Each week the NZ Herald and Newstalk ZB's Cooking The Books podcast tackles a different money problem. Today, it's what on earth is happening in our electricity sector. Hosted by Frances Cook.
If you've ever shivered through a winter's evening because you don't want to turn on the heater and face a stiff bill, you're not alone.
Many people, myself included, have at times put their health at risk in a cold house because they simply can't afford for the electricity use to go up.
Well the first report out of the Electricity Pricing Review has shed light on why this has become quite so common.
Household prices for electricity have surged up almost 80 per cent since 1990. Yes, that's adjusted for inflation.
Meanwhile, industrial users are paying 18 per cent less, while commercial prices have gone up only 24 per cent.
The review highlighted some other problems. People who don't shop around are paying up to 50 per cent more, but comparing prices between companies can be very difficult.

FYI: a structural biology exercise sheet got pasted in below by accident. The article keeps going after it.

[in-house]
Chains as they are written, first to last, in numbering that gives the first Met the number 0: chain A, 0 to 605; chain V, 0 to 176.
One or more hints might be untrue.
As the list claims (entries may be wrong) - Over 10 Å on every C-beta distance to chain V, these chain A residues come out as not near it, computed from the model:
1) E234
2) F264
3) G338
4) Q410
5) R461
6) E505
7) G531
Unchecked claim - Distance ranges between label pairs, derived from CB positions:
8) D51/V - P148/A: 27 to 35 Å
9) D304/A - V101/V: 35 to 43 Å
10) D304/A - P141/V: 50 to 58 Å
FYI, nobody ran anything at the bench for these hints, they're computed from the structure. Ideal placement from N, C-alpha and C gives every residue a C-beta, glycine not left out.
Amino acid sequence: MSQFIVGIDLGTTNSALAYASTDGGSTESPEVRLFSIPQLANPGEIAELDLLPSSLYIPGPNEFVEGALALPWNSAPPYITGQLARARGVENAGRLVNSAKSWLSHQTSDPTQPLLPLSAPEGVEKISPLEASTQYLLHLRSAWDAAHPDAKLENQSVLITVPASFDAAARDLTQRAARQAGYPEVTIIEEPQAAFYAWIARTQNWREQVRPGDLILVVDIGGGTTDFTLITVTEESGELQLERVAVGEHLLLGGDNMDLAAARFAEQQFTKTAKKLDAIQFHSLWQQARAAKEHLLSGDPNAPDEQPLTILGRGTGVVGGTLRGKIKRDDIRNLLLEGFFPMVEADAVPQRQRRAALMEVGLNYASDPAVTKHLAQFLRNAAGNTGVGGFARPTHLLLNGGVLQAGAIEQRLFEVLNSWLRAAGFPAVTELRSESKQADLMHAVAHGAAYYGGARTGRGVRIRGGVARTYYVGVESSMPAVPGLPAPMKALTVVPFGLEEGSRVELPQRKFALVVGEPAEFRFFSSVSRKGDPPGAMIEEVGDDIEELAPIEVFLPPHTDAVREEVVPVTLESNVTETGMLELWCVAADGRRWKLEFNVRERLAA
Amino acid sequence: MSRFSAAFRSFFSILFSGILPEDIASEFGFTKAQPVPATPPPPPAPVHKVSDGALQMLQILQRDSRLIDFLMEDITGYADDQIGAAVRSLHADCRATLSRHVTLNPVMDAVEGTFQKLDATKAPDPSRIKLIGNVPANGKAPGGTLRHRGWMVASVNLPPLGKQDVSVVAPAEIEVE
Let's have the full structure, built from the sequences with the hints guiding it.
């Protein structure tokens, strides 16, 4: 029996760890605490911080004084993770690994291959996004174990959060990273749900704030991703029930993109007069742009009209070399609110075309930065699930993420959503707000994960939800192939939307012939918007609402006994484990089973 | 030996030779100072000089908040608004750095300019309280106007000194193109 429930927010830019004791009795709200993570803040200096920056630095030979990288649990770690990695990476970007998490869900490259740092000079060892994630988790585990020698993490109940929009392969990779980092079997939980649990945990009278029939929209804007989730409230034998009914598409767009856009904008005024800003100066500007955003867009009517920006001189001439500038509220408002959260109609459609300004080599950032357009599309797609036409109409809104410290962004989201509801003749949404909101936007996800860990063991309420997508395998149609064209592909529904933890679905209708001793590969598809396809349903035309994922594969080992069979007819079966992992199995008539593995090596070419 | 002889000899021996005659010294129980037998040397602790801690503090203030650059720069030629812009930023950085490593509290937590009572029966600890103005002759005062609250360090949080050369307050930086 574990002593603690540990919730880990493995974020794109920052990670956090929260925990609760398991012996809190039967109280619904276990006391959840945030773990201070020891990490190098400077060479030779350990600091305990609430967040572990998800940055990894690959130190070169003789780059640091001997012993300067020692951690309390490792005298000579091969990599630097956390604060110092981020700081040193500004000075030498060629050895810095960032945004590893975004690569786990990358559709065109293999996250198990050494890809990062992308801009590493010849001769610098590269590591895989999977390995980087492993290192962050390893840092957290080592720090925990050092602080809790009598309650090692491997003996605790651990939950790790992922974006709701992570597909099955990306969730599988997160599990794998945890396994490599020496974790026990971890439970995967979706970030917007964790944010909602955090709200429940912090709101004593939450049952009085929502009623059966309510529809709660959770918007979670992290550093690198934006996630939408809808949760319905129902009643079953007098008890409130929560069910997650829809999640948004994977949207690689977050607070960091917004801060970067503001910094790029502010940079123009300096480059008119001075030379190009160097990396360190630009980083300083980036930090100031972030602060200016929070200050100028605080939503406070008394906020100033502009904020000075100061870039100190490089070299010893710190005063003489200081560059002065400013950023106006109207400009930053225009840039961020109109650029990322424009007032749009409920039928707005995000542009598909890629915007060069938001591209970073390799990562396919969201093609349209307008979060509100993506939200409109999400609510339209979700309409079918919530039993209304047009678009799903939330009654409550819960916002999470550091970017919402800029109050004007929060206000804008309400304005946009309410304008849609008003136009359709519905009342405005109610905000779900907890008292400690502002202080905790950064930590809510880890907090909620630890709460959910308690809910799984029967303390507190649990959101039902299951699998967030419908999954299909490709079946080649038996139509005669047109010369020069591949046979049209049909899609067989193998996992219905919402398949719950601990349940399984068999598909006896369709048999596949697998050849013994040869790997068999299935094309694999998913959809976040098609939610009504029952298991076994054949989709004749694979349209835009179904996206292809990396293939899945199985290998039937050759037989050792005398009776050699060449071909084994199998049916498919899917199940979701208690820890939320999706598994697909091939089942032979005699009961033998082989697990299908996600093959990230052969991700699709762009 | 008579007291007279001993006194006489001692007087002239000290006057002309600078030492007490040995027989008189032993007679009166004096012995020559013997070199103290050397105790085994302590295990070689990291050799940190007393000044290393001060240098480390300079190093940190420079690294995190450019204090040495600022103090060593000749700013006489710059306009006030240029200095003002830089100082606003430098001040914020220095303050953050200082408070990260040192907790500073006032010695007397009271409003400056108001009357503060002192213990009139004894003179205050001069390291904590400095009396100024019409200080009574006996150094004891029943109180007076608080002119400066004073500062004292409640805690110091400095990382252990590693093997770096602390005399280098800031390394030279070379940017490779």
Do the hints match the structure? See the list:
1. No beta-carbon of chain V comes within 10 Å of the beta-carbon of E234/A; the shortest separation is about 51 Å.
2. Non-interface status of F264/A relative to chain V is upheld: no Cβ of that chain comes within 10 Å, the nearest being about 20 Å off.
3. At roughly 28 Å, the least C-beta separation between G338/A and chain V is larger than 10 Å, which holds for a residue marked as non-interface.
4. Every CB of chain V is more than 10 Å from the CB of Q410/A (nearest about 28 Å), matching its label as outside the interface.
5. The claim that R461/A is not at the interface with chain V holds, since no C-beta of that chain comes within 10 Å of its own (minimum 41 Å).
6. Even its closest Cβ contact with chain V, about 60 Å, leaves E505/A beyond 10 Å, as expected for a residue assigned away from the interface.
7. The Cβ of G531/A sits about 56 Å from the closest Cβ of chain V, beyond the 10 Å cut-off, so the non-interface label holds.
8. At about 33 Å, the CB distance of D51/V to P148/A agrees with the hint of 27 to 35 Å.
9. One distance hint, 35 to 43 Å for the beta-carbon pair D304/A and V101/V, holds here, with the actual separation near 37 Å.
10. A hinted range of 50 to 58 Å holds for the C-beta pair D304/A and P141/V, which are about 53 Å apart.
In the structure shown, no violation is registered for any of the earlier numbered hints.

There is also at least 103,000 New Zealand families officially in energy poverty, with children overrepresented in those homes.
The review does include recommendations for changes in the sector, but systemic change can of course be slow.
I talked to Consumer NZ head of research Jessica Wilson about what people can do about it now.
We discussed whether this report was a one-off, the impact electricity poverty has in New Zealand, and how to make sure you're not paying over the odds.
For the interview, listen to the podcast.
If you have a question about this podcast, or an idea for the next one, come and talk to me about it.
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